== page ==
I personally recommend taking a class because it woke up my brain again. Between the readings and assignments, my ability to think clearly and in a complex manner has returned.

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I agree with PR's suggestion---taking a class can give your brain a kick-start.

 

I think you have to understand that you are the same person you always were, but your interests and preferences change all the time.  Be open-minded about pursuing different hobbies and new directions.

 

olga

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I was like you. I still didn't have much interest in things I normally enjoyed. But I found it just took me longer than I would have thought for those things to trully become enjoyable again. I would say it was a good 6-8 months after my mood had started lifting a bit.

Trying new things definitely won't hurt. Like olga said...our interests are fluid and can change. Plus you might just find something new that you enjoy.

I hope you stay on the upswing!

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I struggle with finding something I can say I truly enjoy. I play video games too, for the people not really for the game. I tire easy (and that goes with doing my drawing, writing and reading) so games that don't allow me to interact with the outside world gather dust pretty quickly. I realised not only did I love World of Warcraft for the community but also because I could craft things and sell them on the AH (not for real money) and it gave me the satisfaction I needed. In reality I couldn't do that in real life, certainly couldn't sell what I made but online I almost had a purpose and a 'job'.

 

I find myself drawn to time management games because I like the rush of having goals to complete without the stress of them being real. 

 

I keep trying new things in the hopes that one day I will find something that sticks, and I wont get bored of it. At times I'm not sure what's me just not finding something interesting and what's my MI just refusing to spend time enjoying something.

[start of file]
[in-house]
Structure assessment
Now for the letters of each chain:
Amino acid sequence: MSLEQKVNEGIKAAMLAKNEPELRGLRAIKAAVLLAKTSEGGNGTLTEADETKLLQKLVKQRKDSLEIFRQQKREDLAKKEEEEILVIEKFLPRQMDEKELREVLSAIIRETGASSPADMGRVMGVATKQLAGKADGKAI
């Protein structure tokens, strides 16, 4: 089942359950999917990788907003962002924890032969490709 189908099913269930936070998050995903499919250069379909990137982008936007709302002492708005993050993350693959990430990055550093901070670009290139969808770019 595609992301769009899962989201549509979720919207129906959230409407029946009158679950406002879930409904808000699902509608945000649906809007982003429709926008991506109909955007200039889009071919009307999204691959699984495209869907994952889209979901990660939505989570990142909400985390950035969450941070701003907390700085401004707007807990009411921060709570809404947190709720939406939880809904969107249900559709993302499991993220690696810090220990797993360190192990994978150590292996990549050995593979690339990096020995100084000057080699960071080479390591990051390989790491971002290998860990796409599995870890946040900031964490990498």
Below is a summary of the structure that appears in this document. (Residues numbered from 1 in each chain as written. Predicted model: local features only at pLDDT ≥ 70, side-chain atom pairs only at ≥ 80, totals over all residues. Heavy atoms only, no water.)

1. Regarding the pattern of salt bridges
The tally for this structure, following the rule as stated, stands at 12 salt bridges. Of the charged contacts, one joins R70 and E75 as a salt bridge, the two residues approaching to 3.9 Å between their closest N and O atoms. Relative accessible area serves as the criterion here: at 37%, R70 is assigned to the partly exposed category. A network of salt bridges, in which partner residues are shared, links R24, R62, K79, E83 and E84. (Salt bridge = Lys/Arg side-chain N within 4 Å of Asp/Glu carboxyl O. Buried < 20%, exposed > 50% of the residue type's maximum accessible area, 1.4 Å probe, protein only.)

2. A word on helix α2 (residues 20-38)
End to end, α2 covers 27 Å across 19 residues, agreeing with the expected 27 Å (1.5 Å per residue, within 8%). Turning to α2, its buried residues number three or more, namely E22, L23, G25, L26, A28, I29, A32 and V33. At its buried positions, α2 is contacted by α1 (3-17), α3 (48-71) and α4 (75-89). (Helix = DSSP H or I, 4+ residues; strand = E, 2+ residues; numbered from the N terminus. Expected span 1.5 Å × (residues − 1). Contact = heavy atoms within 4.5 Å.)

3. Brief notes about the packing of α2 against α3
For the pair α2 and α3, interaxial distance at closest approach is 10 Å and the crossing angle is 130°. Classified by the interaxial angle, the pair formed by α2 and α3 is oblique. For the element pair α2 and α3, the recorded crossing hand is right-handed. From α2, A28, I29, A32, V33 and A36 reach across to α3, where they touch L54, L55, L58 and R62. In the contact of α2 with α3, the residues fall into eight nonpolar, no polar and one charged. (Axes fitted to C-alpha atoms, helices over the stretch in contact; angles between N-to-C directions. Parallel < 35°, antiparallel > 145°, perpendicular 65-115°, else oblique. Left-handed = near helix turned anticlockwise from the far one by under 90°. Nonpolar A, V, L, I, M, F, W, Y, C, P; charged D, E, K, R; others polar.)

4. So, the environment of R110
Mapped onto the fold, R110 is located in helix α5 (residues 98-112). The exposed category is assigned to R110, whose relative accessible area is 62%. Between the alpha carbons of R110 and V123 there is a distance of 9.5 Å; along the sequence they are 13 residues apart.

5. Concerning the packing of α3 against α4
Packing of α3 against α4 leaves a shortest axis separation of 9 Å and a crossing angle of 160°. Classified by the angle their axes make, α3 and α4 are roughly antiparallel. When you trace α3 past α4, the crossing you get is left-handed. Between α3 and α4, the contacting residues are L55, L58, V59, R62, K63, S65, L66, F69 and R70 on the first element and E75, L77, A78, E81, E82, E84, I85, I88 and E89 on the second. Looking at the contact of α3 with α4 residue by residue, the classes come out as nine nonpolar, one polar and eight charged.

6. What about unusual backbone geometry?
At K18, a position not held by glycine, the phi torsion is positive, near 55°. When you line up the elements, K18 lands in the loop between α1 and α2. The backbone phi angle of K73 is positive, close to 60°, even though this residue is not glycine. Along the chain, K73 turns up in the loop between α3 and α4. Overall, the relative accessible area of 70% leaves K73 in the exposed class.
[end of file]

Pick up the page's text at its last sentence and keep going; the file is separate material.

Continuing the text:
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It's annoying to not be interested in anything and was wondering if anyone else has this problem. 

Yes - me too, and it has knock on effects on my self-esteem. I used to do a lot of art work but recently it's all I can manage to watch DVD box sets or read light novels.

 

It's great you're getting better. Maybe the loss of interest is the tail end of the depression? Initially it can be a chore to pick things up again - this is only to be expected when you're recovering from depression.

 

Sometimes I find it helps not to expect things to be truly interesting or pleasurable when I'm low, but to just remind myself that anything absorbing enough to pass the time with/ distract myself from negative stuff/ keep my brain ticking along is really valuable.

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I can relate to a lot in this thread. Depression has stolen many of my hobbies and interests from my by robbing me of energy, interest, money, time, you name it. 

 

When I got serious about recovering from depression and started treatment, I made a promise to my pdoc to re-kindle my love of music. That was almost two years ago and not only have I been listening to old faves but take the time to discover new bands that I absolutely love. 

 

 

 

 

Edit: I also play a couple of games that are not so much social though one is competitive and has helped me understanding the concept of competition and being a good loser and humble winner and other aspects of general good sportsmanship. 

Edited by cct